Loyola University Chicago

School of Education

Program Benefits

The opportunity to obtain a quality education is one of the most important points of access in our society. In many cases, and for many reasons, children and adolescents do not have access to an equitable education. To address this opportunity gap and at the same time meet the important national, state, and local goals for improving learning outcomes for all students, teachers require sophisticated professional knowledge, skills, and dispositions to have an impact on diverse learners in diverse settings. This in turn requires a comprehensive teacher education program that can prepare new teachers for this important work.

The Teaching, Learning, and Leading with Schools and Communities (TLLSC) program at Loyola University Chicago is designed to do just that. Launched in the summer of 2014, TLLSC is a university-based teacher preparation program that is field-based and conducted in collaboration with a diverse range of educational institutions.

Highlights of the Program:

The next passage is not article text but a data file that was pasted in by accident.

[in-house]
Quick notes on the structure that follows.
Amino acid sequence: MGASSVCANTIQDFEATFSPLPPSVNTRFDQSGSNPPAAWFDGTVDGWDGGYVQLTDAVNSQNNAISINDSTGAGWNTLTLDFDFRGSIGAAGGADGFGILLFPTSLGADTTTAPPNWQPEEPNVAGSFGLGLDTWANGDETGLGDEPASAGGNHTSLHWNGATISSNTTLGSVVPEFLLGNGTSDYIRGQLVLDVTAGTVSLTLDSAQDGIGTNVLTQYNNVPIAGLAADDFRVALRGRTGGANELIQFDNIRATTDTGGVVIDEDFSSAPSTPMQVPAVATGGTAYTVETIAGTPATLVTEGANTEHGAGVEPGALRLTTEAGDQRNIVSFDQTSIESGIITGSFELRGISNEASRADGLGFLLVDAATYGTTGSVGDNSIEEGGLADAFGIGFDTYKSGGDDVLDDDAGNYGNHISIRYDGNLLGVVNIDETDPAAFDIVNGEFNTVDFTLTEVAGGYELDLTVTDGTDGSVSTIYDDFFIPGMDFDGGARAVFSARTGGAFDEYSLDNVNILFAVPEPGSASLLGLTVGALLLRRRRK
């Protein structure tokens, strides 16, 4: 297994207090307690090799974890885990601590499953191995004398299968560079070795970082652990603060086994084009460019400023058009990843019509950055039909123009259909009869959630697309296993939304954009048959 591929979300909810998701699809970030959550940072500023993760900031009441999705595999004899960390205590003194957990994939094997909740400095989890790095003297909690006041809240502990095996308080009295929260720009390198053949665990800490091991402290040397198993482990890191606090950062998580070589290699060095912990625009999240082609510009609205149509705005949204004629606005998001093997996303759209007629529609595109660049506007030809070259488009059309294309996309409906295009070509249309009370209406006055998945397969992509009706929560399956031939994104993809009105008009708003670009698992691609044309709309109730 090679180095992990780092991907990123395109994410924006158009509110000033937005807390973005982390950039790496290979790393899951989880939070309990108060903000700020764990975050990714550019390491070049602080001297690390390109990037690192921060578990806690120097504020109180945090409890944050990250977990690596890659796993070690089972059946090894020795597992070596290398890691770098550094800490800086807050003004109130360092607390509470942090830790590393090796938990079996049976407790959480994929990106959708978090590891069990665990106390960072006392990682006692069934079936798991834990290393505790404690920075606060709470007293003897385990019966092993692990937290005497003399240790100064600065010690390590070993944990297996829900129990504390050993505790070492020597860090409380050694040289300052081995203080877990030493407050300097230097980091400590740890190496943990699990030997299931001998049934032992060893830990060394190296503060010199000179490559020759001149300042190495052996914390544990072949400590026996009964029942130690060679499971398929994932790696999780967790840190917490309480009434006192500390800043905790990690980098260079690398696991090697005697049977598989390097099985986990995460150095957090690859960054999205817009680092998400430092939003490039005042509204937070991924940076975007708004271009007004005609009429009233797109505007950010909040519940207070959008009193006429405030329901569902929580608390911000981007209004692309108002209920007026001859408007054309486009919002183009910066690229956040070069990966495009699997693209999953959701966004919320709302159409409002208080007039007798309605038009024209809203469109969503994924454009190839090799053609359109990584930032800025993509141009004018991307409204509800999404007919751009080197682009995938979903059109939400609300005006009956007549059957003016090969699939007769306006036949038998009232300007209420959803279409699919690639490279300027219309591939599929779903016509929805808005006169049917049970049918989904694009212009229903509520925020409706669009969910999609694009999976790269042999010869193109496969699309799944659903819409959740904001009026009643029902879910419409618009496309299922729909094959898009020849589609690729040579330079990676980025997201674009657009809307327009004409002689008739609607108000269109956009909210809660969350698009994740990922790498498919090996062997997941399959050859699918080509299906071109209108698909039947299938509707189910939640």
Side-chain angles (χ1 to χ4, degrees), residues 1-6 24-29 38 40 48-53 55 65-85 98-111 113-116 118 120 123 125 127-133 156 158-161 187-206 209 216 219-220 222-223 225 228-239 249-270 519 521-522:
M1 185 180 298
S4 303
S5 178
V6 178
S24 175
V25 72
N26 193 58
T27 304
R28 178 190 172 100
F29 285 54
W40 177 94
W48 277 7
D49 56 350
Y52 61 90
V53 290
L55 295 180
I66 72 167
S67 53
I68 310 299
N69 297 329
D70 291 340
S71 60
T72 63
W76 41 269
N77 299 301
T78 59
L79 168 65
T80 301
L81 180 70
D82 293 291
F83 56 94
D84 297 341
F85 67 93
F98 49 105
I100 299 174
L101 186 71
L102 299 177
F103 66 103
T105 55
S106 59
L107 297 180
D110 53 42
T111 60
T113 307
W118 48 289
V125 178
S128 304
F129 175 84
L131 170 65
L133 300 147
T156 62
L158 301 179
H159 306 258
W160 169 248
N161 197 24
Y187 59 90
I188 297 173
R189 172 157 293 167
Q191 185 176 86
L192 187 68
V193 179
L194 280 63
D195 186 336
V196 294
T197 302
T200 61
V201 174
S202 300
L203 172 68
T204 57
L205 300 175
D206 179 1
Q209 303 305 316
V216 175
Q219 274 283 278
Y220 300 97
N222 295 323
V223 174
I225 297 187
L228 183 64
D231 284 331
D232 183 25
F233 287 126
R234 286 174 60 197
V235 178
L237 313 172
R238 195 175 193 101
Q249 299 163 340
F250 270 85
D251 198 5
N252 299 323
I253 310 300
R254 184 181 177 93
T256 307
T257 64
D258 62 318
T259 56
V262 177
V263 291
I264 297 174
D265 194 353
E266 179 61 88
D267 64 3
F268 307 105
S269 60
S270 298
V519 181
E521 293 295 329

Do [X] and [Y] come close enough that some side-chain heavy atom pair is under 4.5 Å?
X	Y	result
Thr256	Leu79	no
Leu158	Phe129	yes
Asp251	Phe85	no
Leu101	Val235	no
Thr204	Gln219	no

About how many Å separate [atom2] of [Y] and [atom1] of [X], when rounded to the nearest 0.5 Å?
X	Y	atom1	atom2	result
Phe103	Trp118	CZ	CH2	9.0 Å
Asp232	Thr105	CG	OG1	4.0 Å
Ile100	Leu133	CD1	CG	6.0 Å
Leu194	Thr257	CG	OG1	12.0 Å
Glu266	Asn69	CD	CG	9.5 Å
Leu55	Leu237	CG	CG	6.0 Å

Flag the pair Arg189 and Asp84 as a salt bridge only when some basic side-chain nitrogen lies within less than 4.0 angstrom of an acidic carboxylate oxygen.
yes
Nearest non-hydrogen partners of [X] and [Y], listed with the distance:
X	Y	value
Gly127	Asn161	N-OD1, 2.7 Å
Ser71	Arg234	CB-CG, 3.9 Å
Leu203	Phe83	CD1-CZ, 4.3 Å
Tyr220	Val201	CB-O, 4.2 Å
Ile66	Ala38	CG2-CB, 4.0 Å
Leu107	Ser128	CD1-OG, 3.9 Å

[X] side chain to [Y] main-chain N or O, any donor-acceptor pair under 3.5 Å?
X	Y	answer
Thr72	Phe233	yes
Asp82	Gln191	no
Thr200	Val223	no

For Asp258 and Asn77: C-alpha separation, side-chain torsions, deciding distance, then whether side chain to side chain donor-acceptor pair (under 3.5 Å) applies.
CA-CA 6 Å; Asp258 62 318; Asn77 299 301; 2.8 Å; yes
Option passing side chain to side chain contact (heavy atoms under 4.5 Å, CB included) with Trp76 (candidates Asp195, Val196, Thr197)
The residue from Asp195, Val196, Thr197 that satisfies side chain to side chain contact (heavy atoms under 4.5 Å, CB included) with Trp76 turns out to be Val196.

• All courses are offered on-site at partner schools, museums, cultural institutions, and community organizations so that students move continually between university classroom and field experiences with direct support from faculty and thereby merge theory with practice in authentic educational contexts each semester.
  • Our field-based program provides you with extensive opportunities to work alongside expert teachers in classrooms in an apprenticeship model.
  • Loyola faculty have partnered with schools and community organizations to ensure that you gain extensive deep experiences engaging with diverse populations, including students with special needs and those labeled as English language learners.
  • All teacher candidates are eligible to receive an endorsement in English as a Second Language (ESL) upon completion of their program.
  • In addition to collaboration with teacher educators from the school, community, and university settings, TLLSC utilizes professional learning communities (PLCs) to foster meaningful collaboration among teacher candidates.
  • Through PLCs in your area of specialization (e.g., elementary education or special education), guidance and collaboration peers and faculty in similar areas of interest and expertise come together each semester to dialog and learn from one another.
  • In the final phase of your program, you will engage in an extended internship experience in the same classroom.
  • Elementary and secondary education candidates can earn a teacher certificate through the International Baccalaureate Organization and become eligible to teach at schools worldwide.
  • Secondary education candidates can complete the program in just over a year, while elementary and special education candidates can complete their programs in two years.